Reduce Stress
This is really part of overall health, but I realized last year that I needed to work more on reducing stress and taking better care of myself. Some of my goals are:
  • Meditate 10 minutes a day
  • No computer after 7 pm
  • Take one "day off" per month
I really need to work on the meditation goal, but I find it hard to slow down and just "do nothing" during my productive time of day. My afternoon nap is sacred, so I do well at taking that time off each day, but I know meditation would help, too. I learned Transcendental Meditation (TM) when I was 16, so I have the tools; I just need to practice.

I know I spend way too much time on my computer and that it is tiring for me...but I am totally addicted to my online life!  So, I have tried to set limits for myself, to ensure I don't overdo and also to make sure I spend quality time with my family in the evenings. I'm going to continue to work on this one!

Taking a day off each month is an idea I got from an online friend (who does not have CFS). This is actually really tough for me. I am always focused on being productive; even on crash days, I lie on the couch with my laptop and try to get stuff done. So, the concept of a day off once in a while - a day just for me, with no responsibilities or obligations - is a difficult one for me but very, very beneficial. I only managed it 25% of the time last year, so I hope to do better this year.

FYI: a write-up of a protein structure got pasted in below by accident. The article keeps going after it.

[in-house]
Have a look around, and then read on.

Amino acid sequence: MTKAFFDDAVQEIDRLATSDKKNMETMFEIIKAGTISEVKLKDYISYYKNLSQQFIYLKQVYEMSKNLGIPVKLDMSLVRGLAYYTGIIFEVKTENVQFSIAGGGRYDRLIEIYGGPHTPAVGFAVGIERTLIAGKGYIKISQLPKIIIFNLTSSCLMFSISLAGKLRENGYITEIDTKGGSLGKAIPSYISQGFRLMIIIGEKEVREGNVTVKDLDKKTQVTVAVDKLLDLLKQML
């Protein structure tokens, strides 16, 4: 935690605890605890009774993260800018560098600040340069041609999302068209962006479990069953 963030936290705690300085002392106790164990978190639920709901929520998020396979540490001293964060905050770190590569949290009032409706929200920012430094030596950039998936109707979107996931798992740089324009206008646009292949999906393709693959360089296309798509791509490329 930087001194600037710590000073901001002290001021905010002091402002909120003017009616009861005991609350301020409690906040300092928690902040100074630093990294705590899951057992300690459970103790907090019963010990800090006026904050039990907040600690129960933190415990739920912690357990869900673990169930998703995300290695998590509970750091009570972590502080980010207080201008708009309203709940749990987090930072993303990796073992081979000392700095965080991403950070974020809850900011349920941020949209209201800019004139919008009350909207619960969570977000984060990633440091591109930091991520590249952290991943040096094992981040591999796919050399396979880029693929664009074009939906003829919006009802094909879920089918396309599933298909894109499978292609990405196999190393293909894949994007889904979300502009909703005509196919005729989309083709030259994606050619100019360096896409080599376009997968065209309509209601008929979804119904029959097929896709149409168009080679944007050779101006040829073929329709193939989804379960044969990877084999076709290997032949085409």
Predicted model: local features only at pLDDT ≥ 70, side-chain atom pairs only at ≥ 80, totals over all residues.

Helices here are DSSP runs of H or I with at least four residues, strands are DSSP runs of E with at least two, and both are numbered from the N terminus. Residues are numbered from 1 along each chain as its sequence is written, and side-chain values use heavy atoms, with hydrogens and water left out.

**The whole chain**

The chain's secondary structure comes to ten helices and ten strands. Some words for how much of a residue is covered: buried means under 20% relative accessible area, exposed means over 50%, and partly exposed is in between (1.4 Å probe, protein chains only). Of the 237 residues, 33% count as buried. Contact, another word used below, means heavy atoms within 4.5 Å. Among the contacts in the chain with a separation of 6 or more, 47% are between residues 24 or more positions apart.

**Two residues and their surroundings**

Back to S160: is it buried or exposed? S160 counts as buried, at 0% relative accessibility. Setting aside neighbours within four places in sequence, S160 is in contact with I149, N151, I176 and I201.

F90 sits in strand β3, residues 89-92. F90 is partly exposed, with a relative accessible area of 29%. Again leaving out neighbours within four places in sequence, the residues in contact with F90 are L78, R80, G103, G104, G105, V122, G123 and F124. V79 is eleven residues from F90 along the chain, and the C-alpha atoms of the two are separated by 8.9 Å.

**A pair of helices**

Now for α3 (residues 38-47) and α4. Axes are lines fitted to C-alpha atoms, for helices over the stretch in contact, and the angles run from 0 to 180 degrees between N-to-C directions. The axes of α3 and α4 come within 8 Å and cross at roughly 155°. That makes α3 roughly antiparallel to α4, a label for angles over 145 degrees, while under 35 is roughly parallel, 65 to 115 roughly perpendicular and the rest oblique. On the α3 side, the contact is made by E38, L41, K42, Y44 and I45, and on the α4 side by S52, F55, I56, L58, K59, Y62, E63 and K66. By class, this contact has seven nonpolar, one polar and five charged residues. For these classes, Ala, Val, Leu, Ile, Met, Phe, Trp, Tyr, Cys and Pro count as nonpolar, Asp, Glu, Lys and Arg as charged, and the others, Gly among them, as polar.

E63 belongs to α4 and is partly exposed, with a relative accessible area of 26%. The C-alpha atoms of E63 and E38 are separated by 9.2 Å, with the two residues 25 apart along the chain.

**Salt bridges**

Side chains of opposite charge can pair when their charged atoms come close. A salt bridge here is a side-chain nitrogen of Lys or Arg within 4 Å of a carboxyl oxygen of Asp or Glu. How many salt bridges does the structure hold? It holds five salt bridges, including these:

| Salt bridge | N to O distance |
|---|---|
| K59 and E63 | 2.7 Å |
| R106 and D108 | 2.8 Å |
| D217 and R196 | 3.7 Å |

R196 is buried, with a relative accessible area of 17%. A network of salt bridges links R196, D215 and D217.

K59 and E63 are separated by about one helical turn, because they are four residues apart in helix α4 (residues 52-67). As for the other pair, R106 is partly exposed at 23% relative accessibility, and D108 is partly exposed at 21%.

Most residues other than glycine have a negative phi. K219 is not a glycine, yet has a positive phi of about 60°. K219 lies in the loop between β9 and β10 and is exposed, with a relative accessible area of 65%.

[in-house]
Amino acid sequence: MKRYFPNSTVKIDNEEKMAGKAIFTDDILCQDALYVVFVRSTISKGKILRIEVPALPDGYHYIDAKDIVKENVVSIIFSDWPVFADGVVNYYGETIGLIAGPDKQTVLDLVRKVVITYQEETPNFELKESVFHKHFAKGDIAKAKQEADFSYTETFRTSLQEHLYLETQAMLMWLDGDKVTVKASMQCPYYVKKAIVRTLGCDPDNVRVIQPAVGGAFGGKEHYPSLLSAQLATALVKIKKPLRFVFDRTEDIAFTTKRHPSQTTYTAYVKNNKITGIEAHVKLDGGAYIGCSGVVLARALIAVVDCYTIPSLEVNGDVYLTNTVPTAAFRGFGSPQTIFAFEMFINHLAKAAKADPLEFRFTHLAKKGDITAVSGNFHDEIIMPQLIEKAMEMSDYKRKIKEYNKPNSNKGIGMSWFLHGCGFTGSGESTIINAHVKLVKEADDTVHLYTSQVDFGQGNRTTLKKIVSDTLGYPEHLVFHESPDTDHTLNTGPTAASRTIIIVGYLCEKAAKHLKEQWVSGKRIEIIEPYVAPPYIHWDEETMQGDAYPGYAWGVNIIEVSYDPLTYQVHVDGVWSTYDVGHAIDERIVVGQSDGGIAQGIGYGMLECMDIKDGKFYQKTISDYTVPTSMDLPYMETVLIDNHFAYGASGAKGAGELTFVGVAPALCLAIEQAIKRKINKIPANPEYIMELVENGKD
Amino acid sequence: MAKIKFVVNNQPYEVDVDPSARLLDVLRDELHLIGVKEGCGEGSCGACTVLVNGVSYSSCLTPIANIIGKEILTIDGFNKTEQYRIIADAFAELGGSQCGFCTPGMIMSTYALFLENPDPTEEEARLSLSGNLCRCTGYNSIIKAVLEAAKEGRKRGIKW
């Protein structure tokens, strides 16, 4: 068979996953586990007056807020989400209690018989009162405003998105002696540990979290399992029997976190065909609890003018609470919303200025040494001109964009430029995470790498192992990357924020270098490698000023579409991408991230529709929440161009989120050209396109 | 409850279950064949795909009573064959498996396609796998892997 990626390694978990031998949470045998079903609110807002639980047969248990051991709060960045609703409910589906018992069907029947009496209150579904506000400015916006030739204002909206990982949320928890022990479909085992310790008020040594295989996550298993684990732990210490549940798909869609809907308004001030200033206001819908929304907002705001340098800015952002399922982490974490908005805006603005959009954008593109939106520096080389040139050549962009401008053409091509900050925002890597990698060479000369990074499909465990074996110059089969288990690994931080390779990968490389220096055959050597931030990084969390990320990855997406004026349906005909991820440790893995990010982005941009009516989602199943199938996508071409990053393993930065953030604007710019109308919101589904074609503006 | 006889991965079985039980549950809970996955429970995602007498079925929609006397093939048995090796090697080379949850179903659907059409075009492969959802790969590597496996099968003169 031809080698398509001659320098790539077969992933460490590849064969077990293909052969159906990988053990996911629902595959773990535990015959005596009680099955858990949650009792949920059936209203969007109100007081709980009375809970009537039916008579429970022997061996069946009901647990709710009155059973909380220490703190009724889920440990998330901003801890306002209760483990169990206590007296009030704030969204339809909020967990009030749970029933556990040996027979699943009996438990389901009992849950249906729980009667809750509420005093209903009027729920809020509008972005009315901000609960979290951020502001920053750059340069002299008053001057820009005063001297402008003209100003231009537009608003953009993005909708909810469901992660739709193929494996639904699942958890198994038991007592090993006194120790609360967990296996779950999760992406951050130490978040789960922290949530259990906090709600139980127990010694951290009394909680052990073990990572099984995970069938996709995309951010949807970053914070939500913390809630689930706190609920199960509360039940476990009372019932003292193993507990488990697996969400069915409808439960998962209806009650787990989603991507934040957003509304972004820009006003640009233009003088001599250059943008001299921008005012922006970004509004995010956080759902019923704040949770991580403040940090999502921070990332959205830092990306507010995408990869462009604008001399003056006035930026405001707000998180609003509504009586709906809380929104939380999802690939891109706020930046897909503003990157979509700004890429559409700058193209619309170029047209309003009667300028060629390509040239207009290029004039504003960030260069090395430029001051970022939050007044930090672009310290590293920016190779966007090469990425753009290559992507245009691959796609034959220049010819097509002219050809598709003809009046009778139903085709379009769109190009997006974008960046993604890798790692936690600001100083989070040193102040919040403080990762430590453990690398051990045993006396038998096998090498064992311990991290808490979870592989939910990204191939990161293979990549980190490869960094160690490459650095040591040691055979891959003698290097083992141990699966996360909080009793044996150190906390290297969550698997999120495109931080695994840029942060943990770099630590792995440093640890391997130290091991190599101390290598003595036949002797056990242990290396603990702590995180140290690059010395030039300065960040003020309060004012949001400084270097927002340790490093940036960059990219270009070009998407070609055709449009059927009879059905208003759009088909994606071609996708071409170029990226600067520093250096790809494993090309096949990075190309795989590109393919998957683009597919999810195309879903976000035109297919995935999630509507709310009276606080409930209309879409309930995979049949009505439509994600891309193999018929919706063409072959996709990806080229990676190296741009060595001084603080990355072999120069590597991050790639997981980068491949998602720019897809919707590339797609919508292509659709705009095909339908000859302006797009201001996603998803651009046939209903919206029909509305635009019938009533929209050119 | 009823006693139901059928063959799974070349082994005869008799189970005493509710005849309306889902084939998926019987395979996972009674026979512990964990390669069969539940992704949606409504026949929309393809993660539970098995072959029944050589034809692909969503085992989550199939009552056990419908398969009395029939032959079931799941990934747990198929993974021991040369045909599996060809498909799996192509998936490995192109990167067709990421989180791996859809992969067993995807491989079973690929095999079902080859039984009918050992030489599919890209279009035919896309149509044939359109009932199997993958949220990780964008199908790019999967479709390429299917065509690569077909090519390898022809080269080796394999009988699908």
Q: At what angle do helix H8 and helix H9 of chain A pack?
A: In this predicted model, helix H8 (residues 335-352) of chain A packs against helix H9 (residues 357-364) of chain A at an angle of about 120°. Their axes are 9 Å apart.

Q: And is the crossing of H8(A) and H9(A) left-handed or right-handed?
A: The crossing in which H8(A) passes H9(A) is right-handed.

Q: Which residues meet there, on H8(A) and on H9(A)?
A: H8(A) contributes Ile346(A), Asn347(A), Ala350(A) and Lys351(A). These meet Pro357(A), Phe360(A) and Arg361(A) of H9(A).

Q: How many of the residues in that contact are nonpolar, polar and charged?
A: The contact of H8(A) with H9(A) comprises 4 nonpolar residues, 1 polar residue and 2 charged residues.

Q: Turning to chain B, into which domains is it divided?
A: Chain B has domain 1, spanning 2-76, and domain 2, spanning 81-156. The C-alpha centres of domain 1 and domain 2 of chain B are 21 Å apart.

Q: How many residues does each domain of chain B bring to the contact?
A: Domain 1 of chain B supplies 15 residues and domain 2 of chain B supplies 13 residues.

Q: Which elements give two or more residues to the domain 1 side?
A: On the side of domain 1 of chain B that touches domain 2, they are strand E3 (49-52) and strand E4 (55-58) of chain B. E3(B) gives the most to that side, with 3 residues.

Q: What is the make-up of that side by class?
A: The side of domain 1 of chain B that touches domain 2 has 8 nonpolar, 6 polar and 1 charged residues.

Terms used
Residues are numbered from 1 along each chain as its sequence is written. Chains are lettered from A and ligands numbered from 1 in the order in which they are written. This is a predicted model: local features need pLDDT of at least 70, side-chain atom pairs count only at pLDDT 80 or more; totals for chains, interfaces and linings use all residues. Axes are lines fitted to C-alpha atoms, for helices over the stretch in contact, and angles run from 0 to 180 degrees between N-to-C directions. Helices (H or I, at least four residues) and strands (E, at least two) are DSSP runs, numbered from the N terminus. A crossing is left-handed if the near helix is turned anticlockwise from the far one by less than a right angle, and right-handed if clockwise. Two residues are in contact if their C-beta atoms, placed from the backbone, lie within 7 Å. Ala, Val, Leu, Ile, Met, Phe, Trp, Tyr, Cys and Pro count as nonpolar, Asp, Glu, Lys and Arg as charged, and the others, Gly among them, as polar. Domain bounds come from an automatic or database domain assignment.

So, that's a summary of my health-related goals. How about you? Have you set any goals for yourself this year? Baby steps...

Saturday, January 19, 2013

More on Exercise and CFS

For those who are interested in hearing more on the subject of safe exercise for ME/CFS patients, Jennie Spotila has once again written an excellent and comprehensive post on her blog, Occupy CFS.  In this post, she compares the exercise guidelines recently presented by Dr. Nancy Klimas (and referenced in my last post) against the exercise guidelines suggested by CFS exercise specialists at the Pacific Fatigue Lab, well-nown for their excellent research on exercise and post-exertional crashes in CFS.

By looking at all the information in one place, Jennie has presented an excellent overview of safe exercise for people with ME/CFS.

Wednesday, January 16, 2013

Dr. Klimas's Exercise Program for CFS

On Monday, the CDC hosted the second in a series of phone conferences with ME/CFS patients, PCOCA: Patient Centered Outreach and Communication Activity. I wasn't able to participate, but I am excited that they are doing this and they reported on a lot of progress in areas of research, doctor education, and better healthcare for patients, all as a result of earlier patient requests. All of this is excellent news, especially the overall fact that the CDC does seem to be listening to patients and trying to take action on our most urgent needs.

The Life As We Know It blog posted the best summary of the teleconference that I have seen.  It is brief and easy to understand and highlights some of the most important points covered. Take a look.